The occurrence of summer solstice earlier this week continued the cat and mouse game I have been playing with the sun. During the Iron & Ice Voyage, we bopped back and forth between time zones while continuing north. Daylight hung around way past my bedtime. This was a trip to leave the Vitamin D capsules at home. The most extreme daylight was June 10th with a sunset at 0022 and June 11th with a sunrise of 0150. Then, heading south from Iceland toward Northern Ireland, it seemed odd to see the sun setting near 10 p.m.
Leaving the Icelandic harbor of Akureyri on the 25th day of our voyage, we were to sail into the Arctic Circle before heading south to Belfast. Although I had a few days on land early in the trip and many days in port, I still found that 25 days on an ocean voyage had me occupying some odd thoughts. Like, what would my Garmin record if I were running on the sea in the Arctic Circle?
My Garmin has become a hybrid travelogue, something between photos and a travel journal. I don’t bore family and non-running friends with this, but downloads that record the paths, bridges, and coastlines of travel runs and races around the world elicit wonderful memories.
So, after briefly joining a party raising glasses to our entry into the Arctic Circle, I slipped away to my cabin to retrieve running shoes and Garmin, then made my way to the upper deck. A couple of other passengers enjoyed the quiet there. Even so, I found a sense of personal solitude in the chilly air. In the distance, whales would sporadically surface off the port side. I pushed the power button on the Garmin. It found satellites immediately. Beginning with a fast walk, then a jog out and back on the short area on deck. I glanced at the Garmin. It was registering about a tenth of a mile for my every step. Running on a moving ship was improving my pace significantly.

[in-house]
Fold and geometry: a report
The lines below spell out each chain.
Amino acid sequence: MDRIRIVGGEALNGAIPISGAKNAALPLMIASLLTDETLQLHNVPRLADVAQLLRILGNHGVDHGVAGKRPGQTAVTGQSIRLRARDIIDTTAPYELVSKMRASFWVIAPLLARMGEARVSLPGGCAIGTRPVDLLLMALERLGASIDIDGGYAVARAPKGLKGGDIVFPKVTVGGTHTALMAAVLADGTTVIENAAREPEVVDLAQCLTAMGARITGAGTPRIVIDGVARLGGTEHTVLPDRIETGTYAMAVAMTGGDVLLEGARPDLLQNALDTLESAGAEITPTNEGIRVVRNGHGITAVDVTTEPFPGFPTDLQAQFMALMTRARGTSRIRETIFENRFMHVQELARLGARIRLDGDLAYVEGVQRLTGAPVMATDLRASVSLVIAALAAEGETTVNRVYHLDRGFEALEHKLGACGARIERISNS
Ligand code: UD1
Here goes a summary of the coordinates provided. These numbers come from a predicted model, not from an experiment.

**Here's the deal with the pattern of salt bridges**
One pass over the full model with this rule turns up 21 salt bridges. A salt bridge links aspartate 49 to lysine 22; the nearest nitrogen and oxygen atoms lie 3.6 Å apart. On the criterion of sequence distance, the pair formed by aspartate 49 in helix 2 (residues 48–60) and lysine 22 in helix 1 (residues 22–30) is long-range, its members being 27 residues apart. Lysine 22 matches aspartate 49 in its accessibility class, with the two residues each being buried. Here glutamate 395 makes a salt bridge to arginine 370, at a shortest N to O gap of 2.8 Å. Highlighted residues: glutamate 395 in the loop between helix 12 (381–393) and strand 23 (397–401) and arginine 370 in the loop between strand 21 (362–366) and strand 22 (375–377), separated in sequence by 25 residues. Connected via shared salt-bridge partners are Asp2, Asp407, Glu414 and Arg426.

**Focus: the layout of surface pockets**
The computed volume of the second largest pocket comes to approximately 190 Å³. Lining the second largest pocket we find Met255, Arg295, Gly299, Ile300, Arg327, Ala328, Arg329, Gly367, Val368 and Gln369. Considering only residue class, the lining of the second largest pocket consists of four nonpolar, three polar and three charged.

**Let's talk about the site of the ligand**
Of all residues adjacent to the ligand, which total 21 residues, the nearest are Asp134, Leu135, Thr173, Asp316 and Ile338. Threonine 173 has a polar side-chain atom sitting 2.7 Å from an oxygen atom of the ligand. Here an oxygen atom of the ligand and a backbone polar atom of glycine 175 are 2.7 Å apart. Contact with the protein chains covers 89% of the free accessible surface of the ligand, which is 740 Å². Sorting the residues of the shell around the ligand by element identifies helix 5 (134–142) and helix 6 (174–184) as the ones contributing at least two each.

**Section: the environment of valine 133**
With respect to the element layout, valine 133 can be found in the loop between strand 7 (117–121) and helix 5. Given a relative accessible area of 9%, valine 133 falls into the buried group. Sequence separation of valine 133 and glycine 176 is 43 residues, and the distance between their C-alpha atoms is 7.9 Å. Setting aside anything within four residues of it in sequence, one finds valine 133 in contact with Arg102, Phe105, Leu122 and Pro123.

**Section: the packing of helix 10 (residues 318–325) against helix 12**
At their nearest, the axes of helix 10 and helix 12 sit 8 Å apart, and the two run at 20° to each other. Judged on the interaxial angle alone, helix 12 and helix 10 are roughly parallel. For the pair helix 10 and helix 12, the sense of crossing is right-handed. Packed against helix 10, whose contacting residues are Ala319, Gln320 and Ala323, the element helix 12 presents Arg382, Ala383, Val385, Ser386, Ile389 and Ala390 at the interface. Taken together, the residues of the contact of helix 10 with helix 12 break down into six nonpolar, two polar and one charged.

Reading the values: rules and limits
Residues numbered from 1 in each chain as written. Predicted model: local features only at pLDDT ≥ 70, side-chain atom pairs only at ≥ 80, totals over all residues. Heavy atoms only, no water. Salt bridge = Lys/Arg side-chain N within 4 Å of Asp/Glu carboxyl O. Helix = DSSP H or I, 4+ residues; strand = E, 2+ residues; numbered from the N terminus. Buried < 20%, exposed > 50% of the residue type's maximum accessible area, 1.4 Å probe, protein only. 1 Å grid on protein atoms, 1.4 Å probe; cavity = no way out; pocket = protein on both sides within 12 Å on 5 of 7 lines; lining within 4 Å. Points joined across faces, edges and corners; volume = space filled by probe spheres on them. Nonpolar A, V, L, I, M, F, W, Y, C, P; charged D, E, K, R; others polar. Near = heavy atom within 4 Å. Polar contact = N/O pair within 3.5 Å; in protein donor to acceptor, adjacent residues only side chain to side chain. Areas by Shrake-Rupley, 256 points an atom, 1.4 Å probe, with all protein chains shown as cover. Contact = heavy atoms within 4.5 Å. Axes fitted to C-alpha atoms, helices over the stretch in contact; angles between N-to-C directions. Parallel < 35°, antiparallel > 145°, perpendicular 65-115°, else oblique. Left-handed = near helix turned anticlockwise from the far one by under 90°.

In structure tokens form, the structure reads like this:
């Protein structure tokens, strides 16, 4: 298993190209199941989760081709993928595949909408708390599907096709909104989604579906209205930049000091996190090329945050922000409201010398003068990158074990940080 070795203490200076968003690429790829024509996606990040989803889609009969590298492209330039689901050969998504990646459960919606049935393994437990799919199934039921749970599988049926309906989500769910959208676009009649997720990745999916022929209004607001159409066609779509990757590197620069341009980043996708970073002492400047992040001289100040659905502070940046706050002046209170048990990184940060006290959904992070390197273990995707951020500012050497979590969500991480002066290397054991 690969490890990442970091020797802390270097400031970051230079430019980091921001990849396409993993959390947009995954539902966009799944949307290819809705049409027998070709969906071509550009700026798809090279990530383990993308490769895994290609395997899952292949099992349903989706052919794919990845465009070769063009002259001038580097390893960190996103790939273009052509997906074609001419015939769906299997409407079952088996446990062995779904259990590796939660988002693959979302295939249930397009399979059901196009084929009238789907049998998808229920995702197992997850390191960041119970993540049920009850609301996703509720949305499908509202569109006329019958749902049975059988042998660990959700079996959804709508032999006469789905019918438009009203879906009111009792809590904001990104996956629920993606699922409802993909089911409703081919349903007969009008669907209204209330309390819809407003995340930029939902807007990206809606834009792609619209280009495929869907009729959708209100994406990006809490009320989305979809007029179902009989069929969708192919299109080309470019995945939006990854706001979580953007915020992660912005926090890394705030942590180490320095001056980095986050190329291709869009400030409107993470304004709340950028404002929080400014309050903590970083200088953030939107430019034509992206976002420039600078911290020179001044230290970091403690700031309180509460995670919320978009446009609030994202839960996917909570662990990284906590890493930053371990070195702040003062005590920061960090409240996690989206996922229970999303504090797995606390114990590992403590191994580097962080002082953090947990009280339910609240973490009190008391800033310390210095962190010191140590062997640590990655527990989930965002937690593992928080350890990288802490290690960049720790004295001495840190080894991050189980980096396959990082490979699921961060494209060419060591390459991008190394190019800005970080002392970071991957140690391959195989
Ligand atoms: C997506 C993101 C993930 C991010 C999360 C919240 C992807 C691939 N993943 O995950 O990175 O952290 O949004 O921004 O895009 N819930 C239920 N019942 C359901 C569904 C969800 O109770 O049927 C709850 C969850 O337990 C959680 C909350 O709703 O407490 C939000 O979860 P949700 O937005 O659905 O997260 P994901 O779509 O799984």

Returning to my cabin later in the evening, I downloaded the inflated results onto my laptop. The map doesn’t scream “Arctic Circle,” but results do show we were in the Greenland Sea, which is within the Arctic Circle.
If there is a point to this post perhaps it is that runners who are generally obsessive can become more obsessive when at sea.
Are you having summer adventures with equally obscure thoughts? I’d love to hear about them.